Want smart analysis of the most important news in your inbox every weekday, along with other global reads, interesting ideas and opinions? Sign up for the Today’s WorldView newsletter.

On Monday, Iran remained an offline nation. A startling weekend of protests gripped the country after its theocratic regime issued an edict Friday cutting fuel subsidies and raising the cost of gasoline. The measures incensed many ordinary Iranians, who have for months felt the bite of U.S.-imposed sanctions on the country’s enfeebled economy. The dramatic scenes of unrest prompted Iranian authorities to effectively switch off the Internet.

Protests and demonstrations took place in some 100 cities and towns in Iran, an astonishing development that comes on the heels of mass protests elsewhere in the Middle East. At least 100 banks and 57 shops were set on fire, and about 1,000 people were arrested, noted the semiofficial Fars News Agency. Despite the clampdown on social media, videos circulated of protesters chanting angry slogans at the regime, setting fire to tires and abandoning their vehicles on highways to block roads.

Clashes with security forces and pro-regime militias led to at least 12 deaths, though local activists indicated that number is probably closer to 40. On state television on Sunday, the country’s supreme leader, Ayatollah Ali Khamenei, described those who engaged in violent demonstrations as “thugs” backed by Iran’s foreign enemies. On Monday, a statement from Iran’s Revolutionary Guard Corps, a dominant paramilitary organization that controls swaths of the state, said that continued disturbances would be met by “decisive” action, a grim warning of a potentially more brutal crackdown to come.

President Hassan Rouhani, backed by Khamenei, argued that the sudden cuts in subsidies were necessary to raise funds to redistribute to the country’s most needy. But that’s cold comfort to millions of Iranians straining under skyrocketing food prices and for whom cheap gasoline has long been considered virtually a birthright.

“Iran’s currency has plummeted in recent years, and Iranians have watched their budgets shrink and savings evaporate amid widespread corruption and government waste,” reported The Post’s Erin Cunningham. “Similar changes to government subsidies set off a wave of unrest in December 2017, when more than two dozen people were killed in protests nationwide.”

But there’s a sharp difference between the protests in late 2017 and early 2019 and what we’re seeing now. That earlier round had been first instigated by a hard-line faction linked to the Revolutionary Guard that hoped to destabilize Rouhani’s rule, noted Alex Vatanka, an Iran scholar at the Middle East Institute.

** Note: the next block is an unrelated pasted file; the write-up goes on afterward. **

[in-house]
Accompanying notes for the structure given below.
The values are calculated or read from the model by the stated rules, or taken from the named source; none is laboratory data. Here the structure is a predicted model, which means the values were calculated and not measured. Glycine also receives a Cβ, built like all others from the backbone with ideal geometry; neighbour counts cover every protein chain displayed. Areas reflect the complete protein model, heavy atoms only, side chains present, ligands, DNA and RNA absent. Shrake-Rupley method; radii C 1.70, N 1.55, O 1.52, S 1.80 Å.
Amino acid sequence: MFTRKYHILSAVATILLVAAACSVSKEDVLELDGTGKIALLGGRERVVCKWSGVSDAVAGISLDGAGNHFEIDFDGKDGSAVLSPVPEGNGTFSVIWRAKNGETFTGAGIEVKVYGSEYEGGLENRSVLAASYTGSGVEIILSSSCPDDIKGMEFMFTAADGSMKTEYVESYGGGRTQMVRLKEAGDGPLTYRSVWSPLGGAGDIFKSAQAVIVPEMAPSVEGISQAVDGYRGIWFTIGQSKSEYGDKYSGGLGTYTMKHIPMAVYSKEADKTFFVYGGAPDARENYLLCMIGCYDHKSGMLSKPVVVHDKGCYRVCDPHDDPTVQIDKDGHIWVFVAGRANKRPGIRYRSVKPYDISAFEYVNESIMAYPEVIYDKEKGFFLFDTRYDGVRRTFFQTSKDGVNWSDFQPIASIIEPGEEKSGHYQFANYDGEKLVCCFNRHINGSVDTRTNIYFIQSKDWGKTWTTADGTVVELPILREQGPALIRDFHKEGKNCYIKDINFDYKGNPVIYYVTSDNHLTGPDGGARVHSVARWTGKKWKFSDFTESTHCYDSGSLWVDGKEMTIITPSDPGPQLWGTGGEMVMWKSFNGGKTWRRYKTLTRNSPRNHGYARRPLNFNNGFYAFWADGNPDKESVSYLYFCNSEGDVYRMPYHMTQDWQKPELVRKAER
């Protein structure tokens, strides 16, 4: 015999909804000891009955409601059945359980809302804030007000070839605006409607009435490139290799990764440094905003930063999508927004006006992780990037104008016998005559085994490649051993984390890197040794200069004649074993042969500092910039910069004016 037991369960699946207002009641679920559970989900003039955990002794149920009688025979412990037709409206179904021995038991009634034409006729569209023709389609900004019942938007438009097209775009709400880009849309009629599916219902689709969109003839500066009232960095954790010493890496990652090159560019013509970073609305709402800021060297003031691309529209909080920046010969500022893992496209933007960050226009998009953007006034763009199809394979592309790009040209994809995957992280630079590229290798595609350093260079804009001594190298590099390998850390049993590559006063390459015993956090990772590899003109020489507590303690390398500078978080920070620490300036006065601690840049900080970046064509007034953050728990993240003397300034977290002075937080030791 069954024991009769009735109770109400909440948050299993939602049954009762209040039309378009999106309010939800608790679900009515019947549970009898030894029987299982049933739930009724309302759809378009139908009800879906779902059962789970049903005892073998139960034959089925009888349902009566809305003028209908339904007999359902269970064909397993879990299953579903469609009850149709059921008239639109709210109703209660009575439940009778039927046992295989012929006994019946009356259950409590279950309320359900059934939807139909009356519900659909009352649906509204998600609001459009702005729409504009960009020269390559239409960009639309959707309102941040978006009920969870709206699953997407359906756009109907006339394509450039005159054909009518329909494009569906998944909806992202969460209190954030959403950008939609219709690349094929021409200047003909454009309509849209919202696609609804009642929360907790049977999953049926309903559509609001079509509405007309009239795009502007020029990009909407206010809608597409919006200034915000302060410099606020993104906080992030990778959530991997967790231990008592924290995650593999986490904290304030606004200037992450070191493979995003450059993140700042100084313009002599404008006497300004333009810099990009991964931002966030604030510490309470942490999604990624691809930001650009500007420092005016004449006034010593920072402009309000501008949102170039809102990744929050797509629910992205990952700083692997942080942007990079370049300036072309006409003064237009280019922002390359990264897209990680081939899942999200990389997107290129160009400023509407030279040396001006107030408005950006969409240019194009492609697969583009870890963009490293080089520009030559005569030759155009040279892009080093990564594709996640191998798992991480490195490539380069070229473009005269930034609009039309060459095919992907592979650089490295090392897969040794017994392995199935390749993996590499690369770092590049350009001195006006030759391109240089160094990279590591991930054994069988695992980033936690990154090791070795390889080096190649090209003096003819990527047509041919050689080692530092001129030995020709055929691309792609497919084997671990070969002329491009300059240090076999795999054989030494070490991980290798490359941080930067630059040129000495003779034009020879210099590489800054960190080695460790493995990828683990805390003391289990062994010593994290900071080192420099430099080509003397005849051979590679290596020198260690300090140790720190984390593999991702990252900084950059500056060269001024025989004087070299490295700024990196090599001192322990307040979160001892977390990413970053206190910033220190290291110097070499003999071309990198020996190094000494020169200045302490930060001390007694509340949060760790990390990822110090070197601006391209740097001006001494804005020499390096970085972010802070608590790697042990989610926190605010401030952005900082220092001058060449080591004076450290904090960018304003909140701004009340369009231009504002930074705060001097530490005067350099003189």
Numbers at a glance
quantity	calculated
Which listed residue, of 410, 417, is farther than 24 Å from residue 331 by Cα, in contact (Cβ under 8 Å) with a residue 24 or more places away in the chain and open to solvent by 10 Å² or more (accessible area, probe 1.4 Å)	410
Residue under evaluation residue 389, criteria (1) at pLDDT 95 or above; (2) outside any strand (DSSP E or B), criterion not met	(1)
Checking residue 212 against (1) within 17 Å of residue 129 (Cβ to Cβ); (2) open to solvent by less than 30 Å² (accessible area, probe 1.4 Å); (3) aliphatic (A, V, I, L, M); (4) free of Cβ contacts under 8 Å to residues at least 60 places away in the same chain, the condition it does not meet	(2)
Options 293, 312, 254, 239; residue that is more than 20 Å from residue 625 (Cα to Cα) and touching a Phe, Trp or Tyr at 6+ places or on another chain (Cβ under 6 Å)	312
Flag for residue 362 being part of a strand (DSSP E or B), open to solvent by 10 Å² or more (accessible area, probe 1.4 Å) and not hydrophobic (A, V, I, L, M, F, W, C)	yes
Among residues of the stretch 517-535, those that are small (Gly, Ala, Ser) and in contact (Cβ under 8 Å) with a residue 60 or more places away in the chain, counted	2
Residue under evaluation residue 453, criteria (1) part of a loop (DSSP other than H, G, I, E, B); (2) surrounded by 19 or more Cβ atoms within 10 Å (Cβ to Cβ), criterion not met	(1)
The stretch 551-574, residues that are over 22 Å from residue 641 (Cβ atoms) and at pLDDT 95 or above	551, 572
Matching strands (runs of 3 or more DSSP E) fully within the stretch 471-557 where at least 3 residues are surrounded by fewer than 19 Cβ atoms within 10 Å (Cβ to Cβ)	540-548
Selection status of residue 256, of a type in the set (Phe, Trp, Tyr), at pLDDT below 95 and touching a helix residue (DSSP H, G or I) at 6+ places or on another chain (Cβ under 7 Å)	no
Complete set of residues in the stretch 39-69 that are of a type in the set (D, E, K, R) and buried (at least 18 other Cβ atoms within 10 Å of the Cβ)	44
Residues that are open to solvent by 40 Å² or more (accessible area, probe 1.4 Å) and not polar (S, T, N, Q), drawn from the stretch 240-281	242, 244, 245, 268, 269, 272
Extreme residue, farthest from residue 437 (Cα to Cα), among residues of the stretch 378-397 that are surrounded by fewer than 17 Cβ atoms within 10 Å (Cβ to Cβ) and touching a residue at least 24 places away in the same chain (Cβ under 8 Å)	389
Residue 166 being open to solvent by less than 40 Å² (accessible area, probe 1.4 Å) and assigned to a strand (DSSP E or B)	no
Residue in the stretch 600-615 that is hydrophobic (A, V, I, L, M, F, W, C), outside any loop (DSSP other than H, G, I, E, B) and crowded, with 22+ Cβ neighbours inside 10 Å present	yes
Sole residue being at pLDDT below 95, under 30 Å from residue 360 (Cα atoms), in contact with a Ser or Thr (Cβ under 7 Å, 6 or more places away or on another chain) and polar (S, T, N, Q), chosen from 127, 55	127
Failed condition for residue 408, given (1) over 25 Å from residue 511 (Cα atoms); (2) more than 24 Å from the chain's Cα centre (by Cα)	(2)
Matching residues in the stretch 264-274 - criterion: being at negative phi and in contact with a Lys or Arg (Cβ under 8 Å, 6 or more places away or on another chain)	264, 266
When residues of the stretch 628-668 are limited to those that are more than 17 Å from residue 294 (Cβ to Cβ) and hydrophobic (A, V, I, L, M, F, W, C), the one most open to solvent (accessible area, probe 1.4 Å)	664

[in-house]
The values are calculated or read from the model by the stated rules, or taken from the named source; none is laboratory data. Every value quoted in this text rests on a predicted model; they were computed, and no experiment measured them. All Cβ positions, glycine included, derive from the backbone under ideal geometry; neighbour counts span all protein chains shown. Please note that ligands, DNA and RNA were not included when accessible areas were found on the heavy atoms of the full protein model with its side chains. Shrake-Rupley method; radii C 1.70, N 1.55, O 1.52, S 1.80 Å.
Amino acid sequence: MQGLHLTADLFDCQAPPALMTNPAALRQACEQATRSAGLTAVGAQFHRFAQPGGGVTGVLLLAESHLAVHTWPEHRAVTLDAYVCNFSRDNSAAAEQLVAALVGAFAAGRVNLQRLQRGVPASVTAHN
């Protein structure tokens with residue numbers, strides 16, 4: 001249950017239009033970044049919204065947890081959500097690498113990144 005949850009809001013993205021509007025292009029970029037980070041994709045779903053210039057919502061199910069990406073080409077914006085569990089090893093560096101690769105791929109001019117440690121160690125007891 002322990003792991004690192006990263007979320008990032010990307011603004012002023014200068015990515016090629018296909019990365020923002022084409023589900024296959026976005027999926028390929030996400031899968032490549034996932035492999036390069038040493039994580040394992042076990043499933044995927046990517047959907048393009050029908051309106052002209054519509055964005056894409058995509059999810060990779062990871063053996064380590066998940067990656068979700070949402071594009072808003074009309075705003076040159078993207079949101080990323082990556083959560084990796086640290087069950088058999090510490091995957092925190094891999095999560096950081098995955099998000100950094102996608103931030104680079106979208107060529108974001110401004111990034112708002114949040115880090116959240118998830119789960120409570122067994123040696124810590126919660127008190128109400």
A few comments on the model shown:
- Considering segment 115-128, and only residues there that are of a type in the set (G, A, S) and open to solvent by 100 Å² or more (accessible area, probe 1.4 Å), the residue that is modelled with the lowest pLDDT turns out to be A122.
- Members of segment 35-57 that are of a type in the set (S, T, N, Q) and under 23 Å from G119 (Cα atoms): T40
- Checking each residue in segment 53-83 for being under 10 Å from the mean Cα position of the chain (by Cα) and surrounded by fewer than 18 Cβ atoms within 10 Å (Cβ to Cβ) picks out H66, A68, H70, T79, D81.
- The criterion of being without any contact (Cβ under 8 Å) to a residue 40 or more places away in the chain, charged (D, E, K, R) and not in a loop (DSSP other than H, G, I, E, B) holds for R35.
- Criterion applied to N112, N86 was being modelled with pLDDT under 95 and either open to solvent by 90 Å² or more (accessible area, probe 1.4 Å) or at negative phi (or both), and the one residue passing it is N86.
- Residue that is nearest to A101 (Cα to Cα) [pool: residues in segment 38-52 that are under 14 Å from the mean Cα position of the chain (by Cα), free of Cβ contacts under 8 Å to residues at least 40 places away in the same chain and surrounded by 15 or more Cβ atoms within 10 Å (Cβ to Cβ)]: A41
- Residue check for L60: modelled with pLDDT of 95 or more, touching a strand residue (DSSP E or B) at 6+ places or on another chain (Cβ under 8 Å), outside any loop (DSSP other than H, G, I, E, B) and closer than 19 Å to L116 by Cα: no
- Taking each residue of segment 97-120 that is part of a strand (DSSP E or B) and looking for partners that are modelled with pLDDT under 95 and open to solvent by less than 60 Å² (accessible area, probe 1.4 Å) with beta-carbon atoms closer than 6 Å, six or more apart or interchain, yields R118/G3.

“It took days for the instigators to realize they had unleashed popular anger that they could not control and that would target the entire regime,” Vatanka wrote in an emailed memo. “This time, no regime faction appears to have instigated the protests, and by most accounts they seem to have been spontaneous … Khamenei and the regime as a whole have been the primary target from the very beginning.”

The stiff response from the regime, argued The Washington Post’s Jason Rezaian, betrays the palpable fear probably being felt within the halls of power in Tehran. Still, the authorities may have done enough to suppress this new spasm of dissent, with state media describing the situation by Monday as “calmer.”

“For years, Iranians have opined that if its power were truly tested, the current Iranian state would respond to domestic dissent with force more brutal than that used by Saddam Hussein, Hosni Mubarak or even Bashar al-Assad,” wrote Rezaian. “That hypothesis has never been tested, because protests have never gone that far, because until now Iranians were apparently not that desperate for change nor emboldened to try to attain it. Is that different now? Perhaps.”

Iran’s leadership isn’t just facing a backlash within its own borders. In neighboring Iraq, weeks of mass protests against an unpopular government have taken on an anti-Iranian dimension, with ordinary Iraqis incensed by the extent to which Iranian interests have co-opted the Iraqi state. That reality was laid out in remarkable detail in a piece jointly published by the Intercept and the New York Times that’s based on a cache of some 700 clandestine Iranian intelligence cables obtained by the former.

The leak reveals “Tehran’s vast influence in Iraq, detailing years of painstaking work by Iranian spies to co-opt the country’s leaders, pay Iraqi agents working for the Americans to switch sides, and infiltrate every aspect of Iraq’s political, economic, and religious life,” noted the Intercept and the Times. That’s a legacy, they contend, of the disastrous 2003 U.S. invasion of Iraq, which was followed by a lack of American strategic planning that paved the way for the rise of Iran as a “power player” in Iraq.

But Iran’s own strategy seems in crisis now. Hundreds of Iraqi protesters have been gunned down by security forces, including militias viewed as Iranian proxies. Especially in Iraq’s majority-Shiite south, there’s been a vehement rejection of the Iranian hand in Iraqi affairs. “Across the south, Iranian-backed Iraqi political parties are seeing their headquarters burned and their leading operatives assassinated, an indication that Iran may have underestimated the Iraqi desire for independence not just from the United States, but also from its neighbor,” wrote the Intercept and the Times.

For a regime under pressure on the world stage, the anger next door ought to make the discontent at home all the more troubling.

Want smart analysis of the most important news in your inbox every weekday, along with other global reads, interesting ideas and opinions? Sign up for the Today’s WorldView newsletter.